Chevron-Texaco's Petronius Oil Platform as seen from the air. Photo by Steve Majors.
One of the things that lured me to New Orleans and the Gulf Coast was the opportunity to get out and see interesting people and places. I got that chance last week when I flew with CNBC's Scott Cohn by helicopter to visit a hulking oil platform 100 miles in the Gulf of Mexico. That's where I met Ferrell Martin.
Oil and natural gas production represent a large part of the economic engine for this region and the black gold mined from the ocean floor literally fuels your cars. Ferrell Martin is one of the 100 folks who man the "pumps" at the Petronius Oil Platform. You could call it a full service "station." Standing 2001 feet above the ocean floor, the floating steel island is taller than the Sears Tower and produces the crude oil that eventually is processed into gas, diesel, kerosene and aviation fuel.
Ferrell reminds me of John Wayne in some old movie like "War of the Wildcats"-- sunburned and leather-necked, with piercing eyes. His job is to tame the wide open oil fields that lie beneath the gulf and help bring up more than 60,000 barrels of oil and equivalent gas per day.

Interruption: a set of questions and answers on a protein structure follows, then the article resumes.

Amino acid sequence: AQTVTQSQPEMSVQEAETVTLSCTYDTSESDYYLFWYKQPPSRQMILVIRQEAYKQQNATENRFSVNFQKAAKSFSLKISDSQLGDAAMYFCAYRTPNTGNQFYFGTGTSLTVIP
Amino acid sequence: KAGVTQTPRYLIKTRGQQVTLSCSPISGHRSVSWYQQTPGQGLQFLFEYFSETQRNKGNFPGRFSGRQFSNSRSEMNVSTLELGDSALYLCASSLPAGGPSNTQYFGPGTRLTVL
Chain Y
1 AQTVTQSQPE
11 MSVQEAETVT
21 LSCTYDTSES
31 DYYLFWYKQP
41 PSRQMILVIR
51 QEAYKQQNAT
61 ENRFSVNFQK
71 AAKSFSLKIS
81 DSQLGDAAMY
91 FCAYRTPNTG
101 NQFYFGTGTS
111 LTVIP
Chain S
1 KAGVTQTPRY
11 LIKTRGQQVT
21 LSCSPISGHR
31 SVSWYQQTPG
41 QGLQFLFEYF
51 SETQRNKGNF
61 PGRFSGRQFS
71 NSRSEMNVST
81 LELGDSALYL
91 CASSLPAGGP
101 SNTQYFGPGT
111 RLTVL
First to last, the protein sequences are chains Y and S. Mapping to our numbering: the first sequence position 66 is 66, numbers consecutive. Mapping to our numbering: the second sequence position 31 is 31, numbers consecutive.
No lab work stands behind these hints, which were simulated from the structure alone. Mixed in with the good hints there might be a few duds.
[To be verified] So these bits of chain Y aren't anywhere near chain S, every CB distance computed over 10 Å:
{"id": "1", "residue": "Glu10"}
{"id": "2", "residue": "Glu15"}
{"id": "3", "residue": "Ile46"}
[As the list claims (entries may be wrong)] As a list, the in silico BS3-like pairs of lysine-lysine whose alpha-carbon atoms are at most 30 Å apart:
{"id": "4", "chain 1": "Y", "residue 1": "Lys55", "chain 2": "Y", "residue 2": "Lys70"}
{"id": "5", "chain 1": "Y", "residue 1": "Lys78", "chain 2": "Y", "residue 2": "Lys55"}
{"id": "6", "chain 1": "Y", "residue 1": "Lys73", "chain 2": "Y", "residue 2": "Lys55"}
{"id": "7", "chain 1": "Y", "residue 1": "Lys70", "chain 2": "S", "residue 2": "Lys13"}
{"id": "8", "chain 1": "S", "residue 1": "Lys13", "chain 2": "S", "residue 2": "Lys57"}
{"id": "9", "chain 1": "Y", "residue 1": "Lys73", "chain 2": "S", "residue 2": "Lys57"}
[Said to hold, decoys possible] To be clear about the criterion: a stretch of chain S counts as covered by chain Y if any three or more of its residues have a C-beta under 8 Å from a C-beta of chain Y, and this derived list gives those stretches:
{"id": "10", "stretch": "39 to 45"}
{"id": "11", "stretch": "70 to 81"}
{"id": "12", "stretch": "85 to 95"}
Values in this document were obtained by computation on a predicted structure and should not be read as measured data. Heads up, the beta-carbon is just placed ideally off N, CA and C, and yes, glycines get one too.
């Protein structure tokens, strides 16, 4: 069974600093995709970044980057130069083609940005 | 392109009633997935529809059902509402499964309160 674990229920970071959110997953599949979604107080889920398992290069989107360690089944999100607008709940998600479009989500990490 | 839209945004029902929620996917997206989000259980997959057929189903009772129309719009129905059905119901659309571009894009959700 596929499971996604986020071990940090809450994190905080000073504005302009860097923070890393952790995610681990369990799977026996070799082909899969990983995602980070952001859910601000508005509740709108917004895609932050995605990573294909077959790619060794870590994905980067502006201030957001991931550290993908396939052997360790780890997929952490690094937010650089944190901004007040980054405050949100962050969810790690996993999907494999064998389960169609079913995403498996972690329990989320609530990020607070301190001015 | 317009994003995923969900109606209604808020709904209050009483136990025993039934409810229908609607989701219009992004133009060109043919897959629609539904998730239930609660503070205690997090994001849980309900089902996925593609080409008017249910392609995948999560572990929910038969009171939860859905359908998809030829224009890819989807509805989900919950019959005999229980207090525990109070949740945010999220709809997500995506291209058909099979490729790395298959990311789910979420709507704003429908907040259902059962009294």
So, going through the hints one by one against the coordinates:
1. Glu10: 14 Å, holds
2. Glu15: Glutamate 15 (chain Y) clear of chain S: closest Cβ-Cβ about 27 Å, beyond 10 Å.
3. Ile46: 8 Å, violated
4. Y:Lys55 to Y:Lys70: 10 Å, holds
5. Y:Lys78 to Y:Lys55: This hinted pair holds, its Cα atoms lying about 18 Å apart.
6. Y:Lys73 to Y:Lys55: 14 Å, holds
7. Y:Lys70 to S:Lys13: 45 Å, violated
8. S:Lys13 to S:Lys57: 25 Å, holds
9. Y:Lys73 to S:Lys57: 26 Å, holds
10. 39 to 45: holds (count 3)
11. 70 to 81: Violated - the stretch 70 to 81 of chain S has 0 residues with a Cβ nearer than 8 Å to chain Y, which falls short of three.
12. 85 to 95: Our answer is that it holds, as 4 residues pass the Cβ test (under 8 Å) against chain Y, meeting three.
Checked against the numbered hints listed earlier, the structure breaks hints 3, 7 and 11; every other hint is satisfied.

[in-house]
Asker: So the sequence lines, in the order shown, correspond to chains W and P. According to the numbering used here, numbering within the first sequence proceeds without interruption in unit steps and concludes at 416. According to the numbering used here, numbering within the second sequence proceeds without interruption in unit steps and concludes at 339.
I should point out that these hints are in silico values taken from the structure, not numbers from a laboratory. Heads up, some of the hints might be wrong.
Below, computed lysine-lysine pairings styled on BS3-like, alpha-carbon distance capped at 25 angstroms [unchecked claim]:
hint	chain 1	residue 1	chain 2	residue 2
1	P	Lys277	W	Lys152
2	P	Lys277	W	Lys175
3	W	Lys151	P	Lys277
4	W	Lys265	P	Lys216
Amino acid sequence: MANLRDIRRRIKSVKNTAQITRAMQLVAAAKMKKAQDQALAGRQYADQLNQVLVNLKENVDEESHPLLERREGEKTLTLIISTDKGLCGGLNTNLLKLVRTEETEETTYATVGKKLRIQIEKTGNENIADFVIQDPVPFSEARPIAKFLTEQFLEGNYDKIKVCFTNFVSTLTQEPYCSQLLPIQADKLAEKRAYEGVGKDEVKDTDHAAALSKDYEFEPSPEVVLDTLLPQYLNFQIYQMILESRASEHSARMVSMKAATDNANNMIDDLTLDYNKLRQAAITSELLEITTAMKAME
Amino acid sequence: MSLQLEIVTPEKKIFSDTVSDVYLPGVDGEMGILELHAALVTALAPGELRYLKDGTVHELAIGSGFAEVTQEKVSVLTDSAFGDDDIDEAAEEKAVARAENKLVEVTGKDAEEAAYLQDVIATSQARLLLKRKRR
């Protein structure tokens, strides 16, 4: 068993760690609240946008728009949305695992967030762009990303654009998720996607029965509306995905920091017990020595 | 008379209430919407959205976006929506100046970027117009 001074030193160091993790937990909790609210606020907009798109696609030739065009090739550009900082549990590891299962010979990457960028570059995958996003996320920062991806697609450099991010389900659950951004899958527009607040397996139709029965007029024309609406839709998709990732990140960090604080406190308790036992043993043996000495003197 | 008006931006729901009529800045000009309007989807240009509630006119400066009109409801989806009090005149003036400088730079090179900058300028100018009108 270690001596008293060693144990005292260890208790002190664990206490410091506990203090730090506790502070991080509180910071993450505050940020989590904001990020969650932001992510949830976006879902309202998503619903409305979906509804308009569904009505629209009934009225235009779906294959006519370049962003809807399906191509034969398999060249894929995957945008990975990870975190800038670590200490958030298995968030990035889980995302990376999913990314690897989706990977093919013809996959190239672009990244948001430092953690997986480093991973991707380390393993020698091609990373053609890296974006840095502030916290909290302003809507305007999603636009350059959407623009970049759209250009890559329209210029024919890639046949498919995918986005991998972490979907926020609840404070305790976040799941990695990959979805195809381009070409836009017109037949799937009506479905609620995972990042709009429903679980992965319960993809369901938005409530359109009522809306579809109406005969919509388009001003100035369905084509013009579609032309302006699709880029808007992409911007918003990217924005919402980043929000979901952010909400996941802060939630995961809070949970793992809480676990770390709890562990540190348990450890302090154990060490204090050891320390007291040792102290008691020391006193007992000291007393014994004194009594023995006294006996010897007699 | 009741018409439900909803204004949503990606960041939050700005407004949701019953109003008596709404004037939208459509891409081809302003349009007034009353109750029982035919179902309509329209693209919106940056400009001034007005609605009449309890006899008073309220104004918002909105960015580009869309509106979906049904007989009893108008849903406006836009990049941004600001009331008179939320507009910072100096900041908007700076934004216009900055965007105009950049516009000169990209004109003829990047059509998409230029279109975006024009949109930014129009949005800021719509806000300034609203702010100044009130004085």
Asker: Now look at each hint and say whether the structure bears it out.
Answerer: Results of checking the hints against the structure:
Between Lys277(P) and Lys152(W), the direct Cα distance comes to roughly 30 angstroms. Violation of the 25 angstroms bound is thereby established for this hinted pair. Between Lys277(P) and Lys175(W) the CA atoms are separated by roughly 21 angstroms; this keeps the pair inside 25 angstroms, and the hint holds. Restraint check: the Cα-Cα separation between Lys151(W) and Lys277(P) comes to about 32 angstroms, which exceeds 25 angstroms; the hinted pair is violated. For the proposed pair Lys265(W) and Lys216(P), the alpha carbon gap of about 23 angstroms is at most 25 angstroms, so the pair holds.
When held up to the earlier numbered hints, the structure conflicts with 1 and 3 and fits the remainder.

One barrel of oil translates into about 20 gallons of gas. And for that, Ferrell works 12 hour shifts, 14 days at a stretch. But he's used to it after working more than 30 years on platforms across the gulf. He doesn't the mind the searing heat, the inescapable roar of machinery or the cramped living conditions. It's the time away from his family that hurts -- especially his four grandkids.
But just like the Texaco man made famous 50 years ago, he stands like a sentinel, waiting to be of service. (full disclosure here, Petronius is run by the now merged CHEVRON-TEXACO.) Still, his values seem to be a throwback to that "Men of Texaco" era. He's weathered hurricanes, dangerous operations, boom times and bust. Ferrell tells me he can't concern himself much with storms (except when they put his platform in peril). And he doesn't have time to think about political debates about the price of oil. His job is just to keep the pipes pumping and America running.
So the next time you drive up to one of those neon "Gas-Marts" and hand over 25 bucks to a gum-popping counter clerk who's too young to remember the Men of Texaco, think of Ferrell. He'll be out in the Gulf of Mexico, standing watch for you and your car.
Editor's note: Scott Cohn reports tonight about Ferrell and the Petronius Platform on CNBC's "On the Money" program at 7 p.m. ET/6 p.m. CT.